top of page

Understanding the Broad Reaches of GDPR as it applies to Employees and the Workplace

As Data Privacy Regulations such as GDPR expand globally, it will have wide reaching impacts on unintended business systems and functions—even employee recognition programs

The Gong Show was decades ahead of its time. Not only because the mid-‘70s American amateur talent contest was arguably the foundation for more recent megahits and TV phenomena including American Idol and America’s Got Talent, but also because it protected the privacy rights of its employees—namely The Unknown Comic. GDPR states that businesses must secure ‘personal’ employee data including names, photos, email addresses, phone numbers, addresses, and personal identification numbers, as well as IP addresses, biometric data, mobile device identifiers, and other types of data that could potentially be used to identify an individual.

While The Gong Show predated such requirements, they still managed to comply with today’s comprehensive privacy regulations by simply placing a paper bag over the head of their cult-like star, who was later identified as Murray Langston, a Canadian born actor and stand-up comic. And today, some 30+ years later, the idea of nameless, faceless employees in the workplace is less ridiculous than the visual of paper bagged workers with the eye holes cut out, and certainly not for the same comic relief—but it’s just as real. And unfortunately, much more difficult to implement.

GDPR became enforceable on May 25th 2018 and is primarily designed to give complete control to individuals over their data regardless of where it is stored, or how it is processed. This applies to the consumers, clients and employees. It also applies to the safeguards used to secure data, how it is processed, who has access, and when and how data breaches are reported.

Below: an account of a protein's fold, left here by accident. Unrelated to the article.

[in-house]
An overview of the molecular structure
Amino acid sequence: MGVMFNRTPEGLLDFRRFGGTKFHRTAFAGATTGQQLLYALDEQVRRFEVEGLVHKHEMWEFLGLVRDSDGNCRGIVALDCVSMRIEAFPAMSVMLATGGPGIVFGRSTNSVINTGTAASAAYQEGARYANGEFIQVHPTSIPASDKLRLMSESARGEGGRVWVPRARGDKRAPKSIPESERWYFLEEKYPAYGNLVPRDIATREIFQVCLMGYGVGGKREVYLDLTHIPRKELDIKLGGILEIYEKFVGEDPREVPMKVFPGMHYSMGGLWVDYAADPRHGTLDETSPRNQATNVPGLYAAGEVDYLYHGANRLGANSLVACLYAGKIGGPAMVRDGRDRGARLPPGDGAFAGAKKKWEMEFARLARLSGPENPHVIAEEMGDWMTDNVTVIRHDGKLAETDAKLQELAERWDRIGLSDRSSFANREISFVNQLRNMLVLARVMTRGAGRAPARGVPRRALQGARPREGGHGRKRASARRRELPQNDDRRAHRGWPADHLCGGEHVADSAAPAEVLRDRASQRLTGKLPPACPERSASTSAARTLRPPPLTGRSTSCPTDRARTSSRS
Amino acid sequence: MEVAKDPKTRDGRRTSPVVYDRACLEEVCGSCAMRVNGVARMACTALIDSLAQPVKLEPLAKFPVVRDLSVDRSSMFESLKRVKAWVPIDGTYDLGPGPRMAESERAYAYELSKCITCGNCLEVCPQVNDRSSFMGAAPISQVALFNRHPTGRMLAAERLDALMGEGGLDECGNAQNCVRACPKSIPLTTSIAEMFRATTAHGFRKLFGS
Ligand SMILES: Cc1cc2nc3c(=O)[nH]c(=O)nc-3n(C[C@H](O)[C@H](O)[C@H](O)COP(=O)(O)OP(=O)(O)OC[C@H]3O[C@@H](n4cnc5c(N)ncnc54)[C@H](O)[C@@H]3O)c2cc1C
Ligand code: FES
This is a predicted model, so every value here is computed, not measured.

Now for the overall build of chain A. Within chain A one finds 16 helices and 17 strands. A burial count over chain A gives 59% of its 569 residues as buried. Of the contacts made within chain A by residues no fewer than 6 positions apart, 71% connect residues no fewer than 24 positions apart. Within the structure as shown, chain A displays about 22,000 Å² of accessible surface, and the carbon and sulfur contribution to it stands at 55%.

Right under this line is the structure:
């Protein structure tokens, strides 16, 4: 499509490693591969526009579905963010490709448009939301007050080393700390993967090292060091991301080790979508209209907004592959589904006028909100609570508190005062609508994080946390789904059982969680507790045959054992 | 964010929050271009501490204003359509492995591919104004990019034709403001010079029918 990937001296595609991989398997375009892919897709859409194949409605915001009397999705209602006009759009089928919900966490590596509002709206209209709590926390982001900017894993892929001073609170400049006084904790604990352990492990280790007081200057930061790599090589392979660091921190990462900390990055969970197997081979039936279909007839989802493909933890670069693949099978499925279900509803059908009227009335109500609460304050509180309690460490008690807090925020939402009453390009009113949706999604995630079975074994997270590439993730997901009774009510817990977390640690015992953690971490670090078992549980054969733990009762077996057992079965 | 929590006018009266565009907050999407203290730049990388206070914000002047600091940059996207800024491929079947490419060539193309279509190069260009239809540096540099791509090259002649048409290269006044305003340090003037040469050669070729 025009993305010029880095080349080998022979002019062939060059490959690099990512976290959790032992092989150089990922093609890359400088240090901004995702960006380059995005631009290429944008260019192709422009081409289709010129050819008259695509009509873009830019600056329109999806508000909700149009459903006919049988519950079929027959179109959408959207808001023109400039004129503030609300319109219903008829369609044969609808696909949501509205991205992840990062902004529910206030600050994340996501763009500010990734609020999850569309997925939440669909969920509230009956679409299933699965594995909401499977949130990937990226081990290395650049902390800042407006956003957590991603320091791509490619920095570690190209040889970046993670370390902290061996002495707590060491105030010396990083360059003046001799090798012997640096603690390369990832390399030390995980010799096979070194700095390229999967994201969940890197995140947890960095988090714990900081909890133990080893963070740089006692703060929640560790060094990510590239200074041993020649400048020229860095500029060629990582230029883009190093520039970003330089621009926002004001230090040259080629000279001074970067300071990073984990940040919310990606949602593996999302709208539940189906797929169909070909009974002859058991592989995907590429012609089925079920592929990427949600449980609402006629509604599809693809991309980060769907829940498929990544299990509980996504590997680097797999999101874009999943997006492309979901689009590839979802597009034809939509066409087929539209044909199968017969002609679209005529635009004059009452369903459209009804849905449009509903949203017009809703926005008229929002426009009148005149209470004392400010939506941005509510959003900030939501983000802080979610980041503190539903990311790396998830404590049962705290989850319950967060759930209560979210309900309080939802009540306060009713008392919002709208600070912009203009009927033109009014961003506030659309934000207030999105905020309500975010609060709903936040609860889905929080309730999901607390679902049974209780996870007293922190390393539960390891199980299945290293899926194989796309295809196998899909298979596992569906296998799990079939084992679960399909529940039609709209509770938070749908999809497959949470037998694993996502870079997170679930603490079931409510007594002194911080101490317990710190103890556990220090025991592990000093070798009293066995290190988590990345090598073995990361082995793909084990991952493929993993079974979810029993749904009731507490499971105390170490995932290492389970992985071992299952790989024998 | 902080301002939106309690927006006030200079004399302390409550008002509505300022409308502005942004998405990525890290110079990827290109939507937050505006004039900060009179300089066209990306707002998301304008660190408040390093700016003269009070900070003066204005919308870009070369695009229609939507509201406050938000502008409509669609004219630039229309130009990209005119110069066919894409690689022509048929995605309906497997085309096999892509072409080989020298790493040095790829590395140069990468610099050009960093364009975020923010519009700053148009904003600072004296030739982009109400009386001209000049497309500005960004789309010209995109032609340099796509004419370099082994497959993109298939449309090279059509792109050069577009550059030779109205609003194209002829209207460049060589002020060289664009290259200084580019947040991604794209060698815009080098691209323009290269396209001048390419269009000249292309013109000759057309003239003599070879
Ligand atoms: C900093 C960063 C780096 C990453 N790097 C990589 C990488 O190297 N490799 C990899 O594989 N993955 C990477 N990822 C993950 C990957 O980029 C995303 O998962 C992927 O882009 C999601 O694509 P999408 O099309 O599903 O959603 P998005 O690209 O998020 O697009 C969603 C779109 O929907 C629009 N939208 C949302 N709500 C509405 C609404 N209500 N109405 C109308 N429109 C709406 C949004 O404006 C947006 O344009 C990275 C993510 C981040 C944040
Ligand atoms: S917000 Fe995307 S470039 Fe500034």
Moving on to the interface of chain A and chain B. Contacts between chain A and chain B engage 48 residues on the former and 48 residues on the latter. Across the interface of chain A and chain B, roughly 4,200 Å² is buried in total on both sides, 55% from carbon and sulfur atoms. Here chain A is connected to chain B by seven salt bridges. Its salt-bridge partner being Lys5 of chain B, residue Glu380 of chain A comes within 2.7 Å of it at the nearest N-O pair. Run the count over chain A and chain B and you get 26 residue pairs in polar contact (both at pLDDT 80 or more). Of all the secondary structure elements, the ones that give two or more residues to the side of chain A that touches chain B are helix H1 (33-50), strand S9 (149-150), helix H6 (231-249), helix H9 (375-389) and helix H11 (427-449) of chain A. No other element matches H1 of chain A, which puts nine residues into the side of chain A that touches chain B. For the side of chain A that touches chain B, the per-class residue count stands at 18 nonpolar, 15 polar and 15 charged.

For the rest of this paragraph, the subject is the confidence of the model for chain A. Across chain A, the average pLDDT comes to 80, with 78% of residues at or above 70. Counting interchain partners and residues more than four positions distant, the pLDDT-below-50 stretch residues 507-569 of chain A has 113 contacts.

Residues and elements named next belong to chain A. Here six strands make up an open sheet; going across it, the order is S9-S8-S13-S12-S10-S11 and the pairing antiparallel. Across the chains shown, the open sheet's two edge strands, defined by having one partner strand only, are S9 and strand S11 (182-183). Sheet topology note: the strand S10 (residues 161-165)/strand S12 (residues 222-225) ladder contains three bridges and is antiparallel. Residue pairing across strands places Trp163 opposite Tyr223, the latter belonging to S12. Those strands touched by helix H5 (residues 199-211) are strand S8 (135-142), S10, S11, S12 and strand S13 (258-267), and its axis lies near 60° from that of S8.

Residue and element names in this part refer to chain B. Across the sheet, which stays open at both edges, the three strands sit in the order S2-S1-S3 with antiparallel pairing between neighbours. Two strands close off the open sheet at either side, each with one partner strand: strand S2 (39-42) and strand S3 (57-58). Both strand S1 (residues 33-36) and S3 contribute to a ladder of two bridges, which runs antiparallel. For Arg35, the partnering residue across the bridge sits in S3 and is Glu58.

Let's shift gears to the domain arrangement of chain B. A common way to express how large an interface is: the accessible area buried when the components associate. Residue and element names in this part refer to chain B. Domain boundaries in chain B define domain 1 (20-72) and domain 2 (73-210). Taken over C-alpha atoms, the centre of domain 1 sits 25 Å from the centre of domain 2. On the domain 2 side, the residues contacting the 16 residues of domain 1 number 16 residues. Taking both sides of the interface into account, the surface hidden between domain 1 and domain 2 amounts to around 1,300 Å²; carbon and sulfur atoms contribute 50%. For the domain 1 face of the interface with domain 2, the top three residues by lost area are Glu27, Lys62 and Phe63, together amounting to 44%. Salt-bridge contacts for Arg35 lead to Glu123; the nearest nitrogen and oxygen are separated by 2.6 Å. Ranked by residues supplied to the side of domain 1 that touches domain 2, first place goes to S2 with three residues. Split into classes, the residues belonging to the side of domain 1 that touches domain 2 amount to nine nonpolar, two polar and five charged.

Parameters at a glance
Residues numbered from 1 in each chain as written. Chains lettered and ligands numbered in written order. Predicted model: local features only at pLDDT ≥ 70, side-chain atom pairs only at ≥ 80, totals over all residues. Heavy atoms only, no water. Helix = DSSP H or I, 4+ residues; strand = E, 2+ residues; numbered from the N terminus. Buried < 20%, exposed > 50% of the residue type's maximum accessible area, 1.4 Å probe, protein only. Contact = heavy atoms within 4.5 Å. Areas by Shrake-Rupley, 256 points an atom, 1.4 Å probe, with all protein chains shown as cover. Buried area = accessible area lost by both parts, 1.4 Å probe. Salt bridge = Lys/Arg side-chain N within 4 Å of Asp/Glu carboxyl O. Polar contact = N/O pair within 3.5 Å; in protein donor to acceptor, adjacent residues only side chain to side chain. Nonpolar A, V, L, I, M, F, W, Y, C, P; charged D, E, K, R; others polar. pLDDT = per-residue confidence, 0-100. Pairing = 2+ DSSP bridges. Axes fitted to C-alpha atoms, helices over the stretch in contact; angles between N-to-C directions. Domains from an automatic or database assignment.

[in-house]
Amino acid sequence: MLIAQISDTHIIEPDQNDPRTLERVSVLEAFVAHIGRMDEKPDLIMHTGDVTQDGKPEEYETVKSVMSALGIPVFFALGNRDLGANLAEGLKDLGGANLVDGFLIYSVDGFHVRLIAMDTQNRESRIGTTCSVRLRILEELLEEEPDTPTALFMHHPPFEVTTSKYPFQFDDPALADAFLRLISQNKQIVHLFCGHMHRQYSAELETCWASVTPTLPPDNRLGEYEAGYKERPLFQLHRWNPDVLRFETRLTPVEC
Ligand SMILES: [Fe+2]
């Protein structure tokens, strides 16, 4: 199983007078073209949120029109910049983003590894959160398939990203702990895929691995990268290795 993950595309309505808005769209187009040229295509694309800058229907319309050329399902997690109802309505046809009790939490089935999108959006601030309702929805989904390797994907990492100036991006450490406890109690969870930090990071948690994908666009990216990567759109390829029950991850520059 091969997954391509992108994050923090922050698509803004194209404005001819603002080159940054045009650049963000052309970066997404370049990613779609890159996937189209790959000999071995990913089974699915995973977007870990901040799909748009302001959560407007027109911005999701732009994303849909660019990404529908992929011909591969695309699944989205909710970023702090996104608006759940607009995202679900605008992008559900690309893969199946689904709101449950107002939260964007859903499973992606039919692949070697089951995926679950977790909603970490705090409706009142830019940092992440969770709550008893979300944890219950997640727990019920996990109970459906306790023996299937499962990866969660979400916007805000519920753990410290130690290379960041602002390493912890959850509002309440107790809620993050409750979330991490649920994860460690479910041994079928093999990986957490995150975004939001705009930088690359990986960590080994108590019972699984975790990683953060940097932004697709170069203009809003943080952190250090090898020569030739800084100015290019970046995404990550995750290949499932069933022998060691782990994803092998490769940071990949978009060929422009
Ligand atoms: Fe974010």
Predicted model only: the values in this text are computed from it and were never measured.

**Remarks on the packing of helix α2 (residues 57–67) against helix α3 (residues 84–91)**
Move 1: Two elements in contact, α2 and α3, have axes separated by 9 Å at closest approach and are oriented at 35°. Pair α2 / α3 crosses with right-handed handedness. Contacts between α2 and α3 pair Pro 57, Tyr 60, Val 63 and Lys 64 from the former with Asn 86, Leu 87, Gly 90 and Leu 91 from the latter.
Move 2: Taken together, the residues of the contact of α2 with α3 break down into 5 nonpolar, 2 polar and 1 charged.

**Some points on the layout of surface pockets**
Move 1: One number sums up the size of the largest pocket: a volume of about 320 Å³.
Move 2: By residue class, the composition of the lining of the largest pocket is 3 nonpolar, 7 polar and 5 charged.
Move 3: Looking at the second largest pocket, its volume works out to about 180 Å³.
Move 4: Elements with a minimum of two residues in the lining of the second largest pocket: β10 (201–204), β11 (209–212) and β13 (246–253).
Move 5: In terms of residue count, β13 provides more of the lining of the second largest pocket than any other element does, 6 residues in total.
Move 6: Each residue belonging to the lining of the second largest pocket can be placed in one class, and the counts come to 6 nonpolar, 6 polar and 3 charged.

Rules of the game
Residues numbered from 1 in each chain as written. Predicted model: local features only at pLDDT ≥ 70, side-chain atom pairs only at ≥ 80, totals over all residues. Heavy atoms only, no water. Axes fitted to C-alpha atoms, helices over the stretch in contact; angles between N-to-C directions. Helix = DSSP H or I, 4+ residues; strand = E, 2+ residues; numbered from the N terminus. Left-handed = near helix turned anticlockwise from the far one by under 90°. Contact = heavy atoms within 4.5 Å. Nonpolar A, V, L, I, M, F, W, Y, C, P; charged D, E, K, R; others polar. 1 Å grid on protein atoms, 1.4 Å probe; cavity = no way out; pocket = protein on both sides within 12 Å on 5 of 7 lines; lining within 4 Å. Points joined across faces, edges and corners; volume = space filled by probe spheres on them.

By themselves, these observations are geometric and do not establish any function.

For the purpose of this blog, we will focus on GDPR as it applies to the employee relationship and more specifically, the likely evolution of employee rewards and recognition programs. While largely an unintended consequence of GDPR, Employee Reward and Recognition programs need to be considered by business owners both in and outside of Europe. Their primary function is to celebrate and reward achievements, milestones and anniversaries, and to hold the recipients up high within the organization to drive positive reinforcement and improve company culture and productivity. Social recognition is a key component of many programs, and also a facet now directly in the line of fire for GDPR.

Recognition programs are largely software driven platforms. They house data, interact with other HR systems to process data, and promote the accomplishments of individuals and groups of individuals. All of these functions are now under the purvey of GDPR, and require a recognition software platform in compliance with and customizable enough to meet the unique demands of GDPR.

Let’s first review the actual language of GDPR:

Controllers of personal data must put in place appropriate technical and organizational measures to implement the data protection principles. Business processes that handle personal data must be designed and built with consideration of the principles and provide safeguards to protect data (for example, using pseudonymization or full anonymization where appropriate), and use the highest-possible privacy settings by default, so that the datasets are not publicly available without explicit, informed consent, and cannot be used to identify a subject without additional information (which must be stored separately). No personal data may be processed unless this processing is done under a lawful basis specified by the regulation, or unless the data controller or processor has received an unambiguous and individualized affirmation of consent from the data subject. The data subject has the right to revoke this consent at any time.

And the broad requirements of GDPR include:

  • Companies must clearly disclose any data collection, declare the lawful basis and purpose for data processing, and state how long data is being retained and if it is being shared with any third parties.